December 11, 2023

New York Central, Matera Sky meet again in Saudia Sprint

New York Central catches Matera Sky
New York Central catches Matera Sky in the Saudia Sprint on Saudi Cup Day (Copyright Jockey Club of Saudi Arabia/Neville Hopwood)

One year after American expat New York Central nailed Matera Sky in the $1.5 million Saudia Sprint, the Japanese speedster tries to erase the memory of his heartbreak. And this time, he brings a couple of other contenders along with him from Japan.

Saudia Riyadh Dirt Sprint – Race 7 (11:50 a.m. ET)

New York Central, winner of the 2019 Maryland Sprint (G3) when trained by Steve Asmussen, made a memorable first start for new Saudi connections in this race. Matera Sky had looked long gone after running his rivals off their feet. But New York Central uncorked a dramatic late run from the clouds to catch a laboring Matera Sky in the shadow of the post. The son of Tapit has raced only twice since, both times at a metric mile. After capturing his Oct. 24 comeback, New York Central flattened out in fifth in the Jan. 23 Ministry of Foreign Affairs Cup.

Matera Sky has a habit of finishing runner-up in big sprints. Second in the 2019 Dubai Golden Shaheen (G1) to X Y Jet, the Hideyuki Mori trainee has also settled for the place spot twice in the JBC Sprint, most recently on Nov. 3. But the son of Speightstown can still fire a bold shot, and his last win came in a record 1:08.5 in the about six-furlong Cluster Cup at Morioka Aug. 10.

Compatriots Copano Kicking and Justin were sixth and eighth, respectively, in the same JBC Sprint but are better than that. Justin garnered his Saudi invitation by rebounding last out in the Dec. 13 Capella (G3) at Nakayama. Trainer Yoshito Yahagi had entertained this race, however, long before Justin punched his ticket. Copano Kicking, a two-time Capella champ, did not attempt a three-peat, and like Matera Sky, enters straight off the JBC Sprint.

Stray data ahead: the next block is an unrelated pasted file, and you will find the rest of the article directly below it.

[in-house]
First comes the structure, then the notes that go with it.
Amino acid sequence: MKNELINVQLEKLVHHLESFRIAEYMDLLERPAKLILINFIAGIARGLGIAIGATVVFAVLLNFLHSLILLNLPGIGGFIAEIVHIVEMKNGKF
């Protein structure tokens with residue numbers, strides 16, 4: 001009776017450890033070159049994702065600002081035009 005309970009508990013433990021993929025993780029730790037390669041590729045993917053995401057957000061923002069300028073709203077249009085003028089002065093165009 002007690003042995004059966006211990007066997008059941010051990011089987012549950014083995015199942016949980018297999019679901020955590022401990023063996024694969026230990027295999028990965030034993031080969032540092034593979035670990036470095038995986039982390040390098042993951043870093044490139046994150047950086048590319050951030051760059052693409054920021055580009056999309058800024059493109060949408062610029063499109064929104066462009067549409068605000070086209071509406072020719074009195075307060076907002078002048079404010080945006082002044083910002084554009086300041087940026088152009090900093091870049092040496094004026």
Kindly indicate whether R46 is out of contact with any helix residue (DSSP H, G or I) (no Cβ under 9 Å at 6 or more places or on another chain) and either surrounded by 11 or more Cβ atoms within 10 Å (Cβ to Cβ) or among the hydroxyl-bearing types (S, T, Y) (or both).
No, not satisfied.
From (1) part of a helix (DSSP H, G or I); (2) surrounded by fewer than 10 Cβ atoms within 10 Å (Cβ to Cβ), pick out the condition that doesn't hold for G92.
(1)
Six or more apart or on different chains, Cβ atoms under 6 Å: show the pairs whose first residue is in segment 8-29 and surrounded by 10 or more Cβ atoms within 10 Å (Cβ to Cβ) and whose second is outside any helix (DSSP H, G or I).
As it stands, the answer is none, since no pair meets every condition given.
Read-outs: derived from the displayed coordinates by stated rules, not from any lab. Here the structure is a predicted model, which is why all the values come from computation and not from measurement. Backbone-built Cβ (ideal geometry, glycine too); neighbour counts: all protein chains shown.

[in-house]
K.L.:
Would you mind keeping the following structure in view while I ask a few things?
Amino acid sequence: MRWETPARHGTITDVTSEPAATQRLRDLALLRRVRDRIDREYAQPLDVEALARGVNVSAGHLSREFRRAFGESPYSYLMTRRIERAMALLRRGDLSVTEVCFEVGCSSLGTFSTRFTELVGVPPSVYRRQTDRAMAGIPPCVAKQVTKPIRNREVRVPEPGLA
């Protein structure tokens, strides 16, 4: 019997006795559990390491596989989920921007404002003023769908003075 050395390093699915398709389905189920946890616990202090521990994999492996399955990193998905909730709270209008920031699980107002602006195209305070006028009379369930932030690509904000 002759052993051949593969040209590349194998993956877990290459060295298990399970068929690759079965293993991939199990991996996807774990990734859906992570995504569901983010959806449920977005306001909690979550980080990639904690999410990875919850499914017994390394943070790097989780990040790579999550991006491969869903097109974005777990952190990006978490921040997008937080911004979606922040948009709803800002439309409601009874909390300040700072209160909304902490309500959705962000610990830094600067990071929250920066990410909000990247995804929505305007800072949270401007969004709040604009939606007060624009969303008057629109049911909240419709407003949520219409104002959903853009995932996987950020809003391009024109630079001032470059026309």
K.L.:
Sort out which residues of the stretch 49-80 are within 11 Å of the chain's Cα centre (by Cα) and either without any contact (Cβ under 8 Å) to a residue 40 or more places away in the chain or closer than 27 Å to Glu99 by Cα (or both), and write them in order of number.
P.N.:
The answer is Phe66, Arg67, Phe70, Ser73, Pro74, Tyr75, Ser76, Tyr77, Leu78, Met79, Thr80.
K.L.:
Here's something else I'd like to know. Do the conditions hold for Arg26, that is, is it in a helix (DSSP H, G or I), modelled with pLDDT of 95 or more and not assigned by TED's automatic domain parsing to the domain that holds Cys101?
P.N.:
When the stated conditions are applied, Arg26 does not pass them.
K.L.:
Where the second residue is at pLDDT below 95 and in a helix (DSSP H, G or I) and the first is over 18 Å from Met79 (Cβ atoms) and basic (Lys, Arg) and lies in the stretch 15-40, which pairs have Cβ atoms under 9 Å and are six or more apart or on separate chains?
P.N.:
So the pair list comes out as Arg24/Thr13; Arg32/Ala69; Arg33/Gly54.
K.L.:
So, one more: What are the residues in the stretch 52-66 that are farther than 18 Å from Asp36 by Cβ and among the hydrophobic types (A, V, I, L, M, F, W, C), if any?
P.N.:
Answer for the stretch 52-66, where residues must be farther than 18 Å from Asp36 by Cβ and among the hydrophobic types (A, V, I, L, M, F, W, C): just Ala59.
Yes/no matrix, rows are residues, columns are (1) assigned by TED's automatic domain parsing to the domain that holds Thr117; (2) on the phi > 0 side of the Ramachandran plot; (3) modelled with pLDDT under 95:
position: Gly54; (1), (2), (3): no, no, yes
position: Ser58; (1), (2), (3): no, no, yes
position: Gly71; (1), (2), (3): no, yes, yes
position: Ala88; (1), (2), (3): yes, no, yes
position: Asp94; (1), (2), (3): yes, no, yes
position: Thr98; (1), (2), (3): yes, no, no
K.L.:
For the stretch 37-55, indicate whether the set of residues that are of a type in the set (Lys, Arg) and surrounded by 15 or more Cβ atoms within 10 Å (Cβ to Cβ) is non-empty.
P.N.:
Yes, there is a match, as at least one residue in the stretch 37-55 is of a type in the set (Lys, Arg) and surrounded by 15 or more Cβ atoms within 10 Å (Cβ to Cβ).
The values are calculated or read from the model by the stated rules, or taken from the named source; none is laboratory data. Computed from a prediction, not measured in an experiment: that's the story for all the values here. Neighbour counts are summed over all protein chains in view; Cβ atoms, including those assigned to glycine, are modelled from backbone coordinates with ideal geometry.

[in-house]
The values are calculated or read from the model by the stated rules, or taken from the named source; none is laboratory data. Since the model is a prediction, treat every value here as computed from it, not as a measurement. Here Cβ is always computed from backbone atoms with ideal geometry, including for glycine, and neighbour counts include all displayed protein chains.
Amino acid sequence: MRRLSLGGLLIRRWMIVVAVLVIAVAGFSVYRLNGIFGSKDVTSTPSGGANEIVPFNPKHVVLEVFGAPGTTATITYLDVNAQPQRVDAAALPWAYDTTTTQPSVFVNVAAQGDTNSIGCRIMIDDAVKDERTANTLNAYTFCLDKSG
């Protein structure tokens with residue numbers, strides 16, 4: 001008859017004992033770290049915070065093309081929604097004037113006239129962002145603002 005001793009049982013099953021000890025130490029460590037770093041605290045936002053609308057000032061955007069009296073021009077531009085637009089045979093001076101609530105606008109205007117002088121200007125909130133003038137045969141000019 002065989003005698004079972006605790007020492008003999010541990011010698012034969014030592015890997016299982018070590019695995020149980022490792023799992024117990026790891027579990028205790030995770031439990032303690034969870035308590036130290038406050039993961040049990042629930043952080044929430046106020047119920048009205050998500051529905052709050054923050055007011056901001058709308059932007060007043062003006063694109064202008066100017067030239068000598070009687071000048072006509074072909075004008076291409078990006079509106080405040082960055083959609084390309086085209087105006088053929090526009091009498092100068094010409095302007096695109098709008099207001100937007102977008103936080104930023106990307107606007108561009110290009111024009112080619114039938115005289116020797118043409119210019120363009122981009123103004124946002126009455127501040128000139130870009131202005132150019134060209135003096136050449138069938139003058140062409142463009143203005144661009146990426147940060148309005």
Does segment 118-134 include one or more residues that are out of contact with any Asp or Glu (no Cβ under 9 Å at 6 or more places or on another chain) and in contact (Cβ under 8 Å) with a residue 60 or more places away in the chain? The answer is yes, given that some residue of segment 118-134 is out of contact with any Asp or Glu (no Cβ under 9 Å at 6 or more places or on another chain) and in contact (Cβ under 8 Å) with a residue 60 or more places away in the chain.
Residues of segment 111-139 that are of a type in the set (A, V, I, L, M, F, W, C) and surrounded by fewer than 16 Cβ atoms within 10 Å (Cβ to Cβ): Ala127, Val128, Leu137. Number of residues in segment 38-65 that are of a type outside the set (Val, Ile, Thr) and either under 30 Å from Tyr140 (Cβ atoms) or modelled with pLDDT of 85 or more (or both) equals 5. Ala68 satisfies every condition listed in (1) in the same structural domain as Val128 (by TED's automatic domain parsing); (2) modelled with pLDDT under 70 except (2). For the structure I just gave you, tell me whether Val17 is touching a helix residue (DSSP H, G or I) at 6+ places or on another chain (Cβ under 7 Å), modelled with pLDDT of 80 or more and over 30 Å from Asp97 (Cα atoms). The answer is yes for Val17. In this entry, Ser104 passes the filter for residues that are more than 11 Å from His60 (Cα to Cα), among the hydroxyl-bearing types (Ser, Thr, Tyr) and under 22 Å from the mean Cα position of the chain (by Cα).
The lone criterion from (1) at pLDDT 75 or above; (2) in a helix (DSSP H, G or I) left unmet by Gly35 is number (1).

Switzerland hopes that the ex-Asmussen factor works in his favor as it did for New York Central. Also a Maryland Sprint hero, he added the Frank J. DeFrancis Memorial Dash (G3) in 2018 before setting up shop in Dubai. Yet in the 2019 and 2020 Carnivals, Switzerland couldn’t recover his old American form. A gelding operation in the offseason apparently helped, for in his first start for Satish Seemar, he promptly won the Jan. 21 Dubawi (G3).

July Cup (G1) star Oxted boasts the top form among the European shippers, but all on turf. The dirt is an unknown quantity, the trade-off that trainer Roger Teal made to stay at the about six-furlong trip, rather than step up in distance for the 1351 Turf Sprint. Oxted, a close fifth in the Oct. 17 British Champions Sprint (G1) when last seen, will also be racing around a turn for the first time. The Tom Dascombe-trained Brad the Brief comes off his first Group tally in the Oct. 31 Prix de Seine-et-Oise (G3), and all-weather maestro Harry’s Bar tuned up with a conditions win at Dundalk for Ado McGuiness.

The ex-British Roman River has found a new lease of life on the Bahrain turf, where he’s won two in a row and four of his last six. Trainer Allan Smith upset last year’s 1351 Turf Sprint with Dark Power, so perhaps Roman River is not to be underestimated on the surface switch. The Holy Roman Emperor gelding beat his famous stablemate in the BSC Cup last out on Christmas.

Aside from New York Central, the other locals are Maypole, fourth in last year’s running and exiting a second to Saudi Cup contender Great Scot in the King Faisal bin Abdulaziz Cup over a metric mile; Raucous, a grizzled British veteran with useful form on turf and all-weather; Raaed, 2-for-3 here, both going seven furlongs; and a pair of Saudi-breds, the consistent Faz Zae and lightly raced Rajee Allah, sixth in the 2020 Saudi Derby and not seen since his third in last March’s King Abdulaziz Cup.